The Bell-Ringer of Angel's and Other Stories HTML version
"You—wasn't there—last night?" he repeated, with a slow tolerance.
Scarcely a moment elapsed, but the agony of an hour may have thrilled through Wayne's
consciousness before he spoke. Then all the blood of his body rushed to his face with his
first lie as he stammered, "No! Yes! Of course. I have made a mistake—it WAS I."
"I see—you thought I was riled?" said McGee quietly.
"No; I was thinking it was NIGHT BEFORE LAST! Of course it was last night. I must be
getting silly." He essayed a laugh—rare at any time with him—and so forced now that it
affected McGee more than his embarrassment. He looked at Wayne thoughtfully, and
then said slowly: "I reckon I did come upon you a little too sudden last night, but, you
see, I was thinkin' of suthin' else and disremembered you might be there. But I wasn't
mad—no! no! and I only spoke about it now that you might be more keerful before folks.
You follow me? You understand what I mean?"
He turned and walked to the door, when he halted. "You follow me, don't you? It ain't no
cussedness o' mine, or want o' trustin', don't you see? Mebbe I oughtened have spoken. I
oughter remembered that times this sort o' thing must be rather rough on you and her.
You follow me? You understand what I mean? Good-night."
He walked slowly down the path towards the river. Had Madison Wayne been watching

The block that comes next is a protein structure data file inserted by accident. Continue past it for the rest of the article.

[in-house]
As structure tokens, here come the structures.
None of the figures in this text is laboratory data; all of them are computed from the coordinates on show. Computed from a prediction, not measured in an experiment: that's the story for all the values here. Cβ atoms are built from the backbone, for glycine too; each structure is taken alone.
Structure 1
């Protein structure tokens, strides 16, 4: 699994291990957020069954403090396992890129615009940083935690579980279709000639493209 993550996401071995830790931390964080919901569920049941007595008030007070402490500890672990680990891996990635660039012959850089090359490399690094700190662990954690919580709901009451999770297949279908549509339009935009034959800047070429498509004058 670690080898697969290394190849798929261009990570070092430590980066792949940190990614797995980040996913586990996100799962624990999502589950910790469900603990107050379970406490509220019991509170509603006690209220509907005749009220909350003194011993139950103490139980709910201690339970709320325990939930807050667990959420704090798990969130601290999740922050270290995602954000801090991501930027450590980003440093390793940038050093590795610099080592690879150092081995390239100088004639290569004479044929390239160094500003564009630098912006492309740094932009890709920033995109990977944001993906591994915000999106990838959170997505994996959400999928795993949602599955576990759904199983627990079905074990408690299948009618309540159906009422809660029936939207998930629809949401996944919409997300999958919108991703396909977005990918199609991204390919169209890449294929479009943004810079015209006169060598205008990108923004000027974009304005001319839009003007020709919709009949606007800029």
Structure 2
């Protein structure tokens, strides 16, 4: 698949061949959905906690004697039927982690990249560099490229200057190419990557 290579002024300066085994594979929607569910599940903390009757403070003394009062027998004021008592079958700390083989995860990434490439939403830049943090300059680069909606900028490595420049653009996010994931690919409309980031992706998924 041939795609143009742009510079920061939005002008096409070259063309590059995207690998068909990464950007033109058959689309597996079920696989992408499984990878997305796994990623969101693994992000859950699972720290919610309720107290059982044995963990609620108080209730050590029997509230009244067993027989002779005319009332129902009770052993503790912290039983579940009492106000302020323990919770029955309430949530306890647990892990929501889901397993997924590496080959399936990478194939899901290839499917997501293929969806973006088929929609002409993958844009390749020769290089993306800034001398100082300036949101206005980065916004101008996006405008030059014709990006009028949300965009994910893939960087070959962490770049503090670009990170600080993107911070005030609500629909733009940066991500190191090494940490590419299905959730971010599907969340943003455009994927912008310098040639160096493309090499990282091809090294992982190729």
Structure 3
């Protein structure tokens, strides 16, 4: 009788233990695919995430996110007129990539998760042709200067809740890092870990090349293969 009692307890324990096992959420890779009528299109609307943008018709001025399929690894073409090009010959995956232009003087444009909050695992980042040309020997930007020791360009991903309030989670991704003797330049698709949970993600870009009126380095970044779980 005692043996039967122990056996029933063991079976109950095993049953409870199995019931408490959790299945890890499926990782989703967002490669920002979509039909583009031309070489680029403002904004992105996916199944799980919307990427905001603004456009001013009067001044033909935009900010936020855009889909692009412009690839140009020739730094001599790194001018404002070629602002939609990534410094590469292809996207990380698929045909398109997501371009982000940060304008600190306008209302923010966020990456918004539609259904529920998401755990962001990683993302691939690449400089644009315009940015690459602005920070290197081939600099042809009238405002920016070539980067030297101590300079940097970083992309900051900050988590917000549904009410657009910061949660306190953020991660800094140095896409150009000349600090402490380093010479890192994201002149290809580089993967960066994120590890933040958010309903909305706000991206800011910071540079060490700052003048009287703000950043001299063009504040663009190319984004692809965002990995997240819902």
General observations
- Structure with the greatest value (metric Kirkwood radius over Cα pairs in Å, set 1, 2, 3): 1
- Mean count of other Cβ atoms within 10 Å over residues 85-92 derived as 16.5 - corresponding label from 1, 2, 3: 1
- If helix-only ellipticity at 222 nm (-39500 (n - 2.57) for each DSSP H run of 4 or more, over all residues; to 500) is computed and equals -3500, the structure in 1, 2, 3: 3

him, he would have noticed that his head was bent and his step less free. But Madison
Wayne was at that moment sitting rigidly in his chair, nursing, with all the gloomy
concentration of a monastic nature, a single terrible suspicion.
Howbeit the sun shone cheerfully over the Bar the next morning and the next; the breath
of life and activity was in the air; the settlement never had been more prosperous, and the
yield from the opened placers on the drained river-bed that week was enormous. The
Brothers Wayne were said to be "rolling in gold." It was thought to be consistent with
Madison Wayne's nature that there was no trace of good fortune in his face or manner—
rather that he had become more nervous, restless, and gloomy. This was attributed to the
joylessness of avarice as contrasted with the spendthrift gayety of the more liberal Arthur,
and he was feared and RESPECTED as a miser. His long, solitary walks around the
promontory, his incessant watchfulness, his reticence when questioned, were all
recognized as the indications of a man whose soul was absorbed in money-getting. The
reverence they failed to yield to his religious isolation they were willing to freely accord
to his financial abstraction. But Mr. McGee was not so deceived. Overtaking him one day
under the fringe of willows, he characteristically chided him with absenting himself from
Mrs. McGee and her house since their last interview.